Arthur Miller as a Carpenter

Charles Lupia

I better grasp people of the distant past through viewing more recent people who are similar to them.  I can grasp the English poet Geoffrey Chaucer, a diplomat and administrator who mixed sadness with humor, by reading Henry Fielding, an English judge who fought crime on the London streets while mastering humor in the early English novels.  I better understood the Roman orator Cicero through seeing an actor portray Clarence Darrow, another lawyer who was passionate about words and ideas.

And I came to better appreciate the Greek tragedian Sophocles by reading the plays of Arthur Miller.  We are now celebrating the one hundredth anniversary of Miller’s birth.  Through the connection of Henrik Ibsen, Miller wrote plays in the tradition of Sophocles.  Sophocles, Ibsen and Miller all wrote plays that were both profound in subject matter and perfect in form.

Miller’s liberal views and activities are well known.   But people pay scant attention to Miller’s work as a carpenter.  Yet this avocation throws considerable light on the work that went into the creation of Miller’s plays.

In Death of a Salesman, Willy Loman finds respite in gardening and carpentry.  Long before he wrote this play, Miller had become involved in carpentry.  He had built a shed on his land in Connecticut, and it was in this shed that he wrote Salesman.

This pursuit was life-long.  Miller had a large workshop on his Connecticut land.  In this he built most of the furniture in his house.

Interestingly enough, Miller referred to both Sophocles and Ibsen as master carpenters.  But whereas Ibsen’s physical labor may have ended with his stint as a pharmacist’s assistant, Sophocles undertook work similar to that done by Miller.

Sophocles is well known to history as a man of varied talents.  He was a star athlete and musician who went on to be, at various times, a diplomat, general and treasurer of the Athenian empire.  He was a priest of the healing god Asclepius, and in this function helped to build the first public hospital in Athens.  He founded a society for the advancement of music and literature.

But Sophocles also needed to work for a living.  His father was an armorer.  He owned a workshop in which armor, shields, spears and swords were made.  It would have been customary for Sophocles to follow his father into this vocation.

As Alfred Zimmern noted in his book The Greek Commonwealth, the owners of ancient workshops were unlike many modern capitalists in that they actually participated in the physical labor.  Sophocles, like his father, would have worked in making swords and spears.  He gained from these labors the sense of workmanship that permeates his plays.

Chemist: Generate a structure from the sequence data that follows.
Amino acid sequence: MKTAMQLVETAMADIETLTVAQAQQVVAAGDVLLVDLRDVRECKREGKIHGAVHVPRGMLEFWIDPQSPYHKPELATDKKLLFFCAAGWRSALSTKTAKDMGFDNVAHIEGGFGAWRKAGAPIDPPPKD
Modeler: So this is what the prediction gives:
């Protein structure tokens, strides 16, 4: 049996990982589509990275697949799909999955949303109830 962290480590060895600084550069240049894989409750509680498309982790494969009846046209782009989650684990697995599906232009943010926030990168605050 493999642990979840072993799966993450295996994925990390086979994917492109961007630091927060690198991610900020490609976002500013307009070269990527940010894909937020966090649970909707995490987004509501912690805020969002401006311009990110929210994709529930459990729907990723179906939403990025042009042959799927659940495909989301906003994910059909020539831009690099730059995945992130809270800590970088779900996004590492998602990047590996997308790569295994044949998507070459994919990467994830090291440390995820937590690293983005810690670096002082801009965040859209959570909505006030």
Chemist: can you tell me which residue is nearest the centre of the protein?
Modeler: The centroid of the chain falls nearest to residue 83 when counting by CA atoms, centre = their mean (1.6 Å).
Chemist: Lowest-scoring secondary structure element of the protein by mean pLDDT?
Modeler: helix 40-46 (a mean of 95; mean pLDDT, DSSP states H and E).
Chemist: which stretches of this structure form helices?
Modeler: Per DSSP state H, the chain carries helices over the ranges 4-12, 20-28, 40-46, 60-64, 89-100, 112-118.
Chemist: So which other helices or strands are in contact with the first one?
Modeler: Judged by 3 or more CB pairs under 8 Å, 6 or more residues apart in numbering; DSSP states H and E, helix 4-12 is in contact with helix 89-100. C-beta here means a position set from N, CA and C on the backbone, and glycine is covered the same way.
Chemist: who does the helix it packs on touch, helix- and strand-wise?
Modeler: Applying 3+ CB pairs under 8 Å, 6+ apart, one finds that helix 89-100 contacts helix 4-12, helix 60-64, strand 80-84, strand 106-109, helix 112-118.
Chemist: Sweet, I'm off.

The case of Sophocles is similar, then, to that of Arthur Miller.  But whereas Sophocles has stood at the pinnacle of drama for some twenty-five hundred years, Miller’s reputation had its peaks and valleys.  In the 1940’s, he astonished the public with Death of a Salesman, one of the greatest American plays.  Also early in his career, he added to his laurels with All My Sons and The Crucible.

Yet by the 60’s, Miller was no longer considered relevant.  While his plays continued to be performed in Europe, his career languished for some three decades.  It was not until the 1990’s that Miller’s plays again received frequent productions on Broadway.

Why such neglect for so major an artist?  In the 1960’s critics such as Robert Brustein pushed for plays they considered relevant.  What “relevance” has translated to is the following of trends.  And this emphasis in playwriting has unfortunately come down to our present day.

Too many plays are written in appeasement of current trends.  Precious few are created to have lasting value.

In contrast to this, Arthur Miller offered the theatre plays exploring serious social matters that also contained psychological and poetic depth.  On a social/political level, Salesman is a condemnation of capitalism.  On a psychological level, it is the study of a man brought down by his delusions.

Plays of substance require fine workmanship, and Arthur Miller brought to playwriting the same integrity and craft that he used in making tables and chairs.  In his great essay on lyric writing, Oscar Hammerstein 2nd used an example of what he considered to be workmanship.

The Statue of Liberty was made in the 1870’s, long before the invention of airplanes and helicopters.  Gassendi crafted this statue without ever guessing that people would someday be flying over the flame held by Liberty. 

He could have left the flame area unfinished.  Yet he chose to shape it, and people flying near Manhattan have since appreciated his work.

Hammerstein, in his musicals, upheld the highest values of workmanship, and so did Miller in his plays.